Neglected Indian tribals are inscribing monoliths with declarations of independence
AT A crossroads outside the hamlet of Hakadua, in the state of Jharkhand, a small and solemn group of villagers gathers around a slab of rock erected near a sacred grove. Under the noon blaze a white-whiskered priest and a troupe of young women in red saris murmur, sing and place cups made of folded leaves at the base of the rock, which is covered on both sides with inscriptions. These include passages from the constitution and the PESA act of 1996, which is supposed to ensure self-governance for people living in “tribal” areas, such as this.
An elderly participant has trouble reading the text, but no difficulty explaining the locals’ grievances. First, to the extent the state is present in the area at all, it is incompetent, corrupt and domineering—in effect abrogating PESA and other laws meant to protect tribal interests. Second, they fear their land is being stolen. Mining companies, keen to get at coal and other riches underground, run circles around tribal leaders in court. The upshot is that the villagers want no part of India any more: the inscribed monolith is, in effect, a declaration of independence.
Hundreds of such monoliths have been erected outside tribal settlements in recent months. The consecration of one near the village of Omto is followed by a rally of some 2,000 tribal men carrying primitive weapons. Most shoulder bows and arrows fletched with chicken feathers. Others bear wicked-looking axes and spears, and a few have fashioned crossbows out of surgical tubing and bamboo bolts.
These men see themselves as descendants of Birsa Munda, a 19th-century tribal leader who fought a brief but fierce guerrilla war against the British. Independent India has adopted him as a nationalist; Jharkhand’s main airport is named for him.
Omto’s headman hails these modern-day Mundas with cries of “Our village, our rule!” and “Out with India!”
The current leader of the monolith-raising movement, Joseph Purti, waves a thick copy of the constitution above his head as he speaks. “They are imposing citizenship on us,” he says of the Indian state, urging a boycott of all government institutions.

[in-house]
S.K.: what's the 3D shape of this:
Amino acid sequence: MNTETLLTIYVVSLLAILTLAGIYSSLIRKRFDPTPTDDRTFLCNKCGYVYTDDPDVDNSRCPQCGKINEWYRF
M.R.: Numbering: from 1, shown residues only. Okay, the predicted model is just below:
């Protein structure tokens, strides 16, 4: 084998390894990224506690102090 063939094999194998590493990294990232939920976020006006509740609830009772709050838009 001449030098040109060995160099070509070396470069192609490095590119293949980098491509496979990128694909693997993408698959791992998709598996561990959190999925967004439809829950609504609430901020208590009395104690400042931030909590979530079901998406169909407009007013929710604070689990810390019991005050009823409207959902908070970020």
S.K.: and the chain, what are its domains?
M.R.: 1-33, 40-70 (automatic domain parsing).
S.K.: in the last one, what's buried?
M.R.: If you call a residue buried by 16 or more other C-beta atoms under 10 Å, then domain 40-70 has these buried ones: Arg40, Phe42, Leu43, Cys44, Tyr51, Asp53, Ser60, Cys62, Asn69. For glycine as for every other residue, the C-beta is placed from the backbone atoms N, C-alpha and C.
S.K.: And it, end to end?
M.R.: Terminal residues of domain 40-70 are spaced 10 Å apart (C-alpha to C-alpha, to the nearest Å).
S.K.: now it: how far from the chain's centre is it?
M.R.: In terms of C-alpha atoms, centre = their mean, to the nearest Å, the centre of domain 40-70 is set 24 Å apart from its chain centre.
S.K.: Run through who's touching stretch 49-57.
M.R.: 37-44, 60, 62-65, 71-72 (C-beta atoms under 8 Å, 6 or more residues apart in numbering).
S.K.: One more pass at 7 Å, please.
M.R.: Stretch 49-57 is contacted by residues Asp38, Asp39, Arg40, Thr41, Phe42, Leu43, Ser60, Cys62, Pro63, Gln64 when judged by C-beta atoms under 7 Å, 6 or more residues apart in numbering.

Tribals, arguably the most neglected of India’s many minorities, make up almost 9% of its 1.3bn people. Between 1947 and 2000 roughly a quarter were displaced. Some 40% of those living in tribal villages are malnourished. Many live along the line that separates north India from south, and regard themselves as the aboriginal inhabitants. Their ancestors somehow managed to live in India for thousands of years without becoming culturally Indian. Many of their languages are primordially distinct, as different from Hindi as Basque is from French. Some tribals are Hindu and others Christian, but many persist in forms of worship that predate both religions—such as erecting large stones to mark undertakings of great significance.
Jharkhand’s chief minister has promised to crush Mr Purti’s movement (two days after the rally, a criminal complaint was filed against everyone present). Its previous leader has been arrested on charges that include making “assertions prejudicial to national integration”. The government has accused the activists of wanting to cultivate opium poppies and of propagating Maoist revolution.
For years the authorities have conflated the campaign for tribal rights with India’s long-running Maoist insurgency. The terms “Red Corridor” and “the tribal belt” are used interchangeably. But the insurgency has largely been suppressed over the past decade by a ferocious military campaign, without snuffing out tribals’ complaints of injustice. Maoist ideology plays no visible role in the monolith movement.
Meanwhile stone slabs have started catching on in the neighbouring states of Chhattisgarh and Odisha. The security services can hardly be happy about that. It may be fair to label the movement “anti-national”, a favourite term of abuse these days. But at least it is not violent, if “not exactly non-violent”, in the words of an intellectual sympathiser. Indeed, all the angry tribals are asking is that the government respect its own laws and undertakings. The ferocious response to such an innocuous request is telling in itself.
This article was first published in the The Economist
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